Mahmoud Abbas reads a newspaper in a hospital in the Palestinian city of Ramallah.
(photo credit: Courtesy)
The Palestinian Authority has announced it will stop providing its citizens with medical treatment in Israel, according to a report published by the Palestinian Authority newspaper Al-Hayat Al-Jadida.
“This decision was made in response to the deduction of sums [Israel transfers] from the taxes that [Israel] collects each month for the Palestinian coffers,” said PA Ministry of Health Spokesman Osama Al-Najjar in an article in the Palestinian daily, which was translated and disseminated by Palestinian Media Watch.
The cessation of services went into effect on March 26.
More than 20,000 permits were granted to Palestinians living in the West Bank to enter Israel and receive treatment or support a patient who was receiving treatment in the Jewish state, according to numbers released to The Jerusalem Post by the Coordination of Government Activities in the Territories Unit (COGAT) in an interview earlier this year. That number was up by nearly 3,000 from the year before.
“The decision is political par excellence, and comes in response to Israel deducting sums from the money that it collects for us,” Al-Najjar continued.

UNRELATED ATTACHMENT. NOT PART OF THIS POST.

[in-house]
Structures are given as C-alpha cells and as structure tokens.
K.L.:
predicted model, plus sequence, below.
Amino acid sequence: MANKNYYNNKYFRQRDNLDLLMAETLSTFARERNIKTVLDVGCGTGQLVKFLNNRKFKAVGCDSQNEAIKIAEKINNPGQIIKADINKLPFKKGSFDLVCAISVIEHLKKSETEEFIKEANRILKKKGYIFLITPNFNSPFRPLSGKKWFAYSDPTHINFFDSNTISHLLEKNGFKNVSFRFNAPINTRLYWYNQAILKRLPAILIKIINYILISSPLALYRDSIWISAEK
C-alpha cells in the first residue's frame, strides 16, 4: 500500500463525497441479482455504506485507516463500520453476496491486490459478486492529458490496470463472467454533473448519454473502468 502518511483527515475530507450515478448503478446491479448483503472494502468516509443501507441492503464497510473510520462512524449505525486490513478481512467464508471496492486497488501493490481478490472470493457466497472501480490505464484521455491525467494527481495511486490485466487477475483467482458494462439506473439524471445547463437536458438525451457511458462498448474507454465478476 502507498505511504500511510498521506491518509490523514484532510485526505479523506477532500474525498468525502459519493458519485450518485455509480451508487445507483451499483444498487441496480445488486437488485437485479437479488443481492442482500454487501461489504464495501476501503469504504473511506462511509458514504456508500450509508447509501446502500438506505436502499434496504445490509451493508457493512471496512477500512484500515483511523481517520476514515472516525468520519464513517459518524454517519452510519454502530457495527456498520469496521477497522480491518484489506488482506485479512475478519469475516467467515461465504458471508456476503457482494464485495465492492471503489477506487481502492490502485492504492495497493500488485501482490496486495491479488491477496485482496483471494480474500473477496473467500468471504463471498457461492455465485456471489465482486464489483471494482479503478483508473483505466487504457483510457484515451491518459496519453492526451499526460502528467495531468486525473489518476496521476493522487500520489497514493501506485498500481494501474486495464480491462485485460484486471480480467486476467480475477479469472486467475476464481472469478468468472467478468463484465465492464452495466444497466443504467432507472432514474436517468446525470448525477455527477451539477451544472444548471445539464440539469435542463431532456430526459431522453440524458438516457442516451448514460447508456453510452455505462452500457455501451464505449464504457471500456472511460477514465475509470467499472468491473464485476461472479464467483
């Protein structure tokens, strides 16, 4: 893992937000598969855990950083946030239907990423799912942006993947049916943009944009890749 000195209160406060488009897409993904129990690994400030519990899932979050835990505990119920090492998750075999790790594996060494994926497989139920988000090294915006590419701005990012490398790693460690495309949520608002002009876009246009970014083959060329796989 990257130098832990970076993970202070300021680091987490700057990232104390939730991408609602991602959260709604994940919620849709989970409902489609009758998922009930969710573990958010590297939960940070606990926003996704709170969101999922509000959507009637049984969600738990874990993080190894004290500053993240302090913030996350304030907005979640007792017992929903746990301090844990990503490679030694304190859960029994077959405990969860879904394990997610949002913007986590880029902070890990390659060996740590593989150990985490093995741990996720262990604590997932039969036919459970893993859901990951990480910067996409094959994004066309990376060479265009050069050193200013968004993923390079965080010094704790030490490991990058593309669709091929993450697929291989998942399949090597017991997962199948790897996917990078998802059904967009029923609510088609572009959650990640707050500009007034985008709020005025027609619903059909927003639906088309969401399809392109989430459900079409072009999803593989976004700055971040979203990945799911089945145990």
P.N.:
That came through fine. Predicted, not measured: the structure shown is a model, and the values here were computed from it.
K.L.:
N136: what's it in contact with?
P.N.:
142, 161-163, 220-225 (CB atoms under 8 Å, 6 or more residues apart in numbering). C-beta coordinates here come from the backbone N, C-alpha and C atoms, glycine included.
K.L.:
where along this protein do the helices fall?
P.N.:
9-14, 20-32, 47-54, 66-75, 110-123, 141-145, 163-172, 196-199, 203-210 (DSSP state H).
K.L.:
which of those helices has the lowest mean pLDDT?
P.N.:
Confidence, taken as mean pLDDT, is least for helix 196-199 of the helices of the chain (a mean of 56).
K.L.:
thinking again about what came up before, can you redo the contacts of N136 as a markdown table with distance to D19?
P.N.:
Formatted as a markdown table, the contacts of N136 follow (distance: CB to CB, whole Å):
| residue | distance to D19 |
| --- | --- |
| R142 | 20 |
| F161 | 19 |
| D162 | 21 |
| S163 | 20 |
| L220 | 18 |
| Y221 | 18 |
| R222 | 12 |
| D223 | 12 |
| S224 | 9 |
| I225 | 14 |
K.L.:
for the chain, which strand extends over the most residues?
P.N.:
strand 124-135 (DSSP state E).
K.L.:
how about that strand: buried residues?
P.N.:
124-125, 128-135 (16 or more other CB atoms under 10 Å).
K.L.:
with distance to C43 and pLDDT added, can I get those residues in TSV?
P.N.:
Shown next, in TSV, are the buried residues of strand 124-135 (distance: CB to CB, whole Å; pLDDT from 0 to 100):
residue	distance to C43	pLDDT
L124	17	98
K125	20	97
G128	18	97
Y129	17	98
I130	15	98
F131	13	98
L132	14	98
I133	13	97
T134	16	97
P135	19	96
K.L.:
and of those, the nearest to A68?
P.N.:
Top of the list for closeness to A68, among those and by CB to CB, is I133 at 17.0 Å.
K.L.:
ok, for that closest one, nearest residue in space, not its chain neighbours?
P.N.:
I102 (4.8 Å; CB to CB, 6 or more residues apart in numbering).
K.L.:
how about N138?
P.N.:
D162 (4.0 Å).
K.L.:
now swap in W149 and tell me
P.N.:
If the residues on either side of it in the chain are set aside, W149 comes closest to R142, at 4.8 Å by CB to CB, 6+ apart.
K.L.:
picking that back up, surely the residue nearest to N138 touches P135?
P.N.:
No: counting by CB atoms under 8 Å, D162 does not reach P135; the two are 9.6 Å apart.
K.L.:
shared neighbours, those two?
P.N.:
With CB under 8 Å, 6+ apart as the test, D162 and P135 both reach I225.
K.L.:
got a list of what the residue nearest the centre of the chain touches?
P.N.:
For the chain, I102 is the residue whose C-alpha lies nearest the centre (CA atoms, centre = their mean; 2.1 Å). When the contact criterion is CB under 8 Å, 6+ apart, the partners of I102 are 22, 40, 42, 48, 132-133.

In February 2019, Israel implemented the “Pay-for-Slay” Law
that instructs the state to deduct and freeze the amount of money the PA pays in salaries to imprisoned terrorists and families of “martyrs” from the tax money it collects for the PA. The law was passed in July 2018 and approved for implementation by Israel’s security cabinet this year. In 2019, the cabinet is withholding approximately $138 million. According to Al-Najjar, the cost of the referrals to the Israeli hospitals is $100 million a year.
In the Palestinian report, Al-Najjar emphasized that the PA Ministry of Health will be committed to find alternatives for the sick in the state hospitals and in private hospitals and calmed that the Palestinian people’s health services will not be affected.
“The ministry is committed to providing the necessary treatment to all who need it,” he said.
Medical coordination between Israel and the Palestinian Authority has been ongoing since 1995 and continues to increase each year, despite ebbs and flows on the security and diplomatic fronts. Until now, according to a COGAT representative who asked to remain anonymous, there was an understanding that “treatment must go on” even in times of high tension, including during each of the two intifadas and the more recent uptick of violence in the West Bank.
The medical program was always first about health, said program coordinators, but also about cooperation.
COGAT representatives said they would not comment on this recent report.
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